Before L. HAND, Chief Judge, and SWAN and FRANK, Circuit Judges.
This Count (unlike the other two, which we shall consider later) raises no question of the statute of limitations, as the alleged offense occurred on June 6, 1946, and the indictment was found on September 28, 1948, within the three-year period ordained by 18 U.S.C.A. § 3282.Defendant argues that the evidence was insufficient to prove that he then made a false oath or that, if he did, he was under oath. But we think the evidence enough to sustain the trial judge's contrary findings.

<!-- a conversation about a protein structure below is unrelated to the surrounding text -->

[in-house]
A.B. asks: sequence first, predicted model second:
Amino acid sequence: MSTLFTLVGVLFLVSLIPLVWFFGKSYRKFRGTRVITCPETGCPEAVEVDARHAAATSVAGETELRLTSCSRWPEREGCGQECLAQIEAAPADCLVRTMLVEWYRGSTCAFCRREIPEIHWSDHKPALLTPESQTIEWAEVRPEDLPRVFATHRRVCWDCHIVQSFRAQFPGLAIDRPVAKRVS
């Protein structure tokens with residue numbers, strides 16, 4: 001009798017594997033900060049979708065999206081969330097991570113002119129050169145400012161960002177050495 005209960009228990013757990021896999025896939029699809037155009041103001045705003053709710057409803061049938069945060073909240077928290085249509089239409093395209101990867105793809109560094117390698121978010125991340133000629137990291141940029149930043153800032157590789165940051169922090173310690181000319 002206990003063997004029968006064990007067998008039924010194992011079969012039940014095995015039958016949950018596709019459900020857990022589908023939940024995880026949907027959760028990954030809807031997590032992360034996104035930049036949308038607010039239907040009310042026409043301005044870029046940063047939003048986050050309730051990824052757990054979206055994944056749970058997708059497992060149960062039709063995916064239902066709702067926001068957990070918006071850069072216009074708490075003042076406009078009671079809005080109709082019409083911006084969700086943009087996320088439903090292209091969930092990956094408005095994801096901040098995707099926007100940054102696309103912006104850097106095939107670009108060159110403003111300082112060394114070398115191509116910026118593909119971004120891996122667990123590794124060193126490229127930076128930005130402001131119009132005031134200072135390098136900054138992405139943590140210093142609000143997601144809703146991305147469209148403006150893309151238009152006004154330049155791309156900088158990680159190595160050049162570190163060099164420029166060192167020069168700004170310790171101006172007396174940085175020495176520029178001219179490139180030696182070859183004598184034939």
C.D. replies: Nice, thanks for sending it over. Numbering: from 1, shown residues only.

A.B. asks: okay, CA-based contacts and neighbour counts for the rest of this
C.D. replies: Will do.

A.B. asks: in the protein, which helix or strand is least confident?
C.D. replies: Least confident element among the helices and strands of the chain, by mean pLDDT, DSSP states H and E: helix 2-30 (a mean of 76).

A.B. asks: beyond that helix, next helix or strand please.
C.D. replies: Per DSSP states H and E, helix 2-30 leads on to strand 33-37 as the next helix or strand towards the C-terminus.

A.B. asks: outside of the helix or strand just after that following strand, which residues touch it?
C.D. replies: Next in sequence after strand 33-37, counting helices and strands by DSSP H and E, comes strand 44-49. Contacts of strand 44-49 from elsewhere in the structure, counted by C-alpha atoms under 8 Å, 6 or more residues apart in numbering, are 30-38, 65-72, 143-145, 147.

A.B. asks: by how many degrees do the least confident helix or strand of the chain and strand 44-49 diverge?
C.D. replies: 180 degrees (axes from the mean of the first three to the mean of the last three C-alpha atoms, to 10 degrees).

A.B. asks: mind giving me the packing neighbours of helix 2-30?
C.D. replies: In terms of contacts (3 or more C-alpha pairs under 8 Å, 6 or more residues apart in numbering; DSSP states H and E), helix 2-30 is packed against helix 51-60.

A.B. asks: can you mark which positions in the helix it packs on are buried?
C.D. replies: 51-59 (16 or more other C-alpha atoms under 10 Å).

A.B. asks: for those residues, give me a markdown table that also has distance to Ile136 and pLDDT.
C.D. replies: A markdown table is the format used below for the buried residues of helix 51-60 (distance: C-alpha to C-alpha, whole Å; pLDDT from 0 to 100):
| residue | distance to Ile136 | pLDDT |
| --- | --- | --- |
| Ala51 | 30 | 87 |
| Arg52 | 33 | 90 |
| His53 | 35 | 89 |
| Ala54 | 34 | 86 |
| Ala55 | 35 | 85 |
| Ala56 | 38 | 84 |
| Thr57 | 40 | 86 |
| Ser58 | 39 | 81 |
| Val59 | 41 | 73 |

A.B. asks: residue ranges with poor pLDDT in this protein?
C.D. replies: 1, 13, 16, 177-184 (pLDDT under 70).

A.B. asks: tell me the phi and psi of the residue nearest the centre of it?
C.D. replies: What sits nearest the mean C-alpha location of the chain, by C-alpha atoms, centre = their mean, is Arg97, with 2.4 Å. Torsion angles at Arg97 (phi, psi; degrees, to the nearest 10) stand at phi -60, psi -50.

Defendant further contends, however, that in any case, he committed no crime, because the oath was administered to him during a proceeding in which there was no statutory authority to administer an oath. If so, Obermeier did not commit perjury by then swearing falsely. For the Supreme Court has held that false statements under oath "before one who has no legal authority to administer oaths of a public nature, or before one who * * * [is] authorized to administer some kind of oaths, but not the one which is brought in question, cannot amount to perjury at common law, or subject the party taking it to prosecution for the statutory offense of willfully false swearing * * * the oath must be permitted or required, by at least the laws of the United States, and be administered by some tribunal, officer, or person authorized by such laws to administer oaths in respect of the particular matters to which it relates."*fn1 The same requirement is somewhat differently stated in United States v. Morehead, 243 U.S. 607, at 614, 37 S. Ct. 458, at 460, 61 L. Ed. 926, where the Supreme Court, in upholding a regulation, said: "* * * the assertion of its invalidity must be predicated either upon its being consistent with the statutes or upon its being in itself unreasonable or inappropriate * * * defendant urges that the regulation is inconsistent with the statute, in that it adds to the requirements of the statute still another condition to be performed * * * and hence is legislation, not regulation. But the regulation does not add a new requirement * * * as in Williamson v. either upon its being inconsistent with the S. Ct. 163, 52 L. Ed. 278, 294-297."*fn2